The next morning, we went to the Peace Memorial Museum. He gazed at each article on exhibit, saying, “Horrible!” “Awful!” again and again. But when he found the display showing how many nuclear bombs each country possesses on the globe, he said proudly in a loud voice, “K., America is great.”

In the return train, he asked me, “Do I look Japanese or American?” I wondered what answer he wanted. I stared at his face. Obviously, he looked Japanese. I hesitated to answer his question. Then he said in an imperative way, “I am an American, aren’t I ?”

The next day, I took them to Miyajima that is registered as one of the World Heritage sites. K. was excited at digging clams on the beach because Colorado doesn’t face the sea. He could get only 10 or so clams, but he was delighted with clam soup.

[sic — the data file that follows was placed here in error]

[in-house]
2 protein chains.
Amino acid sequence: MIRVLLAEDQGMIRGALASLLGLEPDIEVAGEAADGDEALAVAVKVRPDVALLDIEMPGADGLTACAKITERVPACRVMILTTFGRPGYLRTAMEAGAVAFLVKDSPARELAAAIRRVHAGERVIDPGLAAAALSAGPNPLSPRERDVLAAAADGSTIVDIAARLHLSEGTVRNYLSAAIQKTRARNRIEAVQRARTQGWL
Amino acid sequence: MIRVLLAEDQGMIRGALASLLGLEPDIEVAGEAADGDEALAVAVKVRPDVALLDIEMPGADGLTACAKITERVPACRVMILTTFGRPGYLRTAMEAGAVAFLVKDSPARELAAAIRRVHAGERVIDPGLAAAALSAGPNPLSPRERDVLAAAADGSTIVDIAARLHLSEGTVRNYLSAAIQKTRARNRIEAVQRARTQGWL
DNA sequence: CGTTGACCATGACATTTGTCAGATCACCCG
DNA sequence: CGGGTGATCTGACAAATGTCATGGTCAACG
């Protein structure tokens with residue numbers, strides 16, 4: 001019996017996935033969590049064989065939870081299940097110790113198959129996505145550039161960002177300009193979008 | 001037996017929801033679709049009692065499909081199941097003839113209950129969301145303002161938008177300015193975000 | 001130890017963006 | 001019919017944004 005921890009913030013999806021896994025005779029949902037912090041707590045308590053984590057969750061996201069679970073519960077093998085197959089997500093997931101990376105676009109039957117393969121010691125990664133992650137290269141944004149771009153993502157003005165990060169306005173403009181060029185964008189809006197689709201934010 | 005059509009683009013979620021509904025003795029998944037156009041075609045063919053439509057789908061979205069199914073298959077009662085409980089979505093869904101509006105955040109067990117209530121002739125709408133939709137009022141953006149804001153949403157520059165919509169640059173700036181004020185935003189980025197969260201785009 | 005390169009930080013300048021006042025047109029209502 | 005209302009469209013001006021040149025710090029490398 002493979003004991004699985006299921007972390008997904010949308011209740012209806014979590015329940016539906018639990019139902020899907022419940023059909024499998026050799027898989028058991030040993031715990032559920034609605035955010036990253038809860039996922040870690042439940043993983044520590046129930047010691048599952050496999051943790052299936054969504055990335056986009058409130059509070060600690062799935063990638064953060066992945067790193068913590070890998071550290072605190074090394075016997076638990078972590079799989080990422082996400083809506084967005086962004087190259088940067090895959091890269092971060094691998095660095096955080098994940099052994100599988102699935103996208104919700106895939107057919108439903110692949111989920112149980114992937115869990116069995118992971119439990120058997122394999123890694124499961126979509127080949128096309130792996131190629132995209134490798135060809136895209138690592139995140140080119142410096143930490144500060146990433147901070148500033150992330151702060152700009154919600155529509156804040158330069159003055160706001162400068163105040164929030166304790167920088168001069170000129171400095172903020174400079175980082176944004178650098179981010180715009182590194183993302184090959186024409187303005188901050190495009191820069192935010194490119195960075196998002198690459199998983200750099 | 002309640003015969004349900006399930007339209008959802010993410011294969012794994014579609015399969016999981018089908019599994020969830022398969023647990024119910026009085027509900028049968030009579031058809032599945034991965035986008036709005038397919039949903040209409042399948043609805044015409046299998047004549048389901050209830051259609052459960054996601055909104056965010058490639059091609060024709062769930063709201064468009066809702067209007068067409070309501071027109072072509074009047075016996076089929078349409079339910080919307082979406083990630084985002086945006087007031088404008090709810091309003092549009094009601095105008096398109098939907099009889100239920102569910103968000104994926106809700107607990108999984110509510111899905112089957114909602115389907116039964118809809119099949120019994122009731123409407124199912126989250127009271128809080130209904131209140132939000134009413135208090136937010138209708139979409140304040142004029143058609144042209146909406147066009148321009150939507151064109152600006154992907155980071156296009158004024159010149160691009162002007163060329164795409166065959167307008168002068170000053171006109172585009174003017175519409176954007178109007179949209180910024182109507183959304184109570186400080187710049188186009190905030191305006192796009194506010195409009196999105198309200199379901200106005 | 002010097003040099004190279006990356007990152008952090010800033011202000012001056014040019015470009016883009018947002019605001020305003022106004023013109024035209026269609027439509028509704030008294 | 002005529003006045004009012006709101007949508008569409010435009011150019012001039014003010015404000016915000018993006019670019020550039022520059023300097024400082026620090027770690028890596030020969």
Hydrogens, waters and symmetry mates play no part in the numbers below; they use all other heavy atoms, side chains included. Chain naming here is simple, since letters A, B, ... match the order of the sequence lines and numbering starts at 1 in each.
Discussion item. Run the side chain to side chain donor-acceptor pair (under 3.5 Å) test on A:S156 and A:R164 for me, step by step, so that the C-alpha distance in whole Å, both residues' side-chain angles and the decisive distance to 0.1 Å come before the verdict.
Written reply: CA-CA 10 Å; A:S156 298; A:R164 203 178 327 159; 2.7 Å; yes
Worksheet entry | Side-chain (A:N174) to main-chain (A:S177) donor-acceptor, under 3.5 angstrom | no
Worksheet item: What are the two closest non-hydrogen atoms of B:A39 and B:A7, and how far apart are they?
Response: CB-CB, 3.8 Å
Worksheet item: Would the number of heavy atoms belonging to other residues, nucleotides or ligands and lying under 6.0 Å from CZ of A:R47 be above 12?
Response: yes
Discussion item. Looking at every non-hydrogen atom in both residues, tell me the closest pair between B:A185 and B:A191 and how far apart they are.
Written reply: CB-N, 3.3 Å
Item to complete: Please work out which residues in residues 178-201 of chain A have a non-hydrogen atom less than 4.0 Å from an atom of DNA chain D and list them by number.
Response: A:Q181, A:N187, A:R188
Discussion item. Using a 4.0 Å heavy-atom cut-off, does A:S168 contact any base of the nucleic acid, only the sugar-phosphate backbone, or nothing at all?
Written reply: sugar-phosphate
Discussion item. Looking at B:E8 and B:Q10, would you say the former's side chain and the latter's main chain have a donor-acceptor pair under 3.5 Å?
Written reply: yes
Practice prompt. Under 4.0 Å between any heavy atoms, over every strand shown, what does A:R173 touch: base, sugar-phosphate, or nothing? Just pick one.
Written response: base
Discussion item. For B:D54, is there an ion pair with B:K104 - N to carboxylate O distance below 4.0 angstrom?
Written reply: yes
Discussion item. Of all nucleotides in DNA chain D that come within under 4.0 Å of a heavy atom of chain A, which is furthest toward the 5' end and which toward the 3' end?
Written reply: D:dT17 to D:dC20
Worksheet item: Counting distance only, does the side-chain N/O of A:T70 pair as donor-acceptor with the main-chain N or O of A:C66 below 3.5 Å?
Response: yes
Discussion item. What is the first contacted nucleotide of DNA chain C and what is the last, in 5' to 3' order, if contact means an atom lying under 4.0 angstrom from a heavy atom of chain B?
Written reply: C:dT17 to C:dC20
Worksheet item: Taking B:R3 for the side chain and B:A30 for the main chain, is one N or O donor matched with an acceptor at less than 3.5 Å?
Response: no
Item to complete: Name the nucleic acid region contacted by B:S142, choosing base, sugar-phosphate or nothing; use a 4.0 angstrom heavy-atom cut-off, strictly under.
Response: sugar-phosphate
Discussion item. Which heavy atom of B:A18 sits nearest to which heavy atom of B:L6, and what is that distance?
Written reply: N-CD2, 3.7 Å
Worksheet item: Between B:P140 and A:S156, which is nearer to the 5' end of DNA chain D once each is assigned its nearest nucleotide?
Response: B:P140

Some of Mr. M.’s words still linger in my ears. He said, “If Japan hadn’t made a surprise attack at Pearl Harbor, my brother wouldn’t have died. Japan killed him.” And “After the war, when we were released from the relocation camp, we heard that Japan was suffering from shortages in everything and began relief activities. He also said, “I want you to know that it was Japanese-Americans who sent most of the relief items from America to Japan.”

He had mixed feelings between Japan and America.

I am now wondering if anything has changed in him after visiting Hiroshima, or if he is still proud of America that wouldn’t stop possessing nuclear weapons.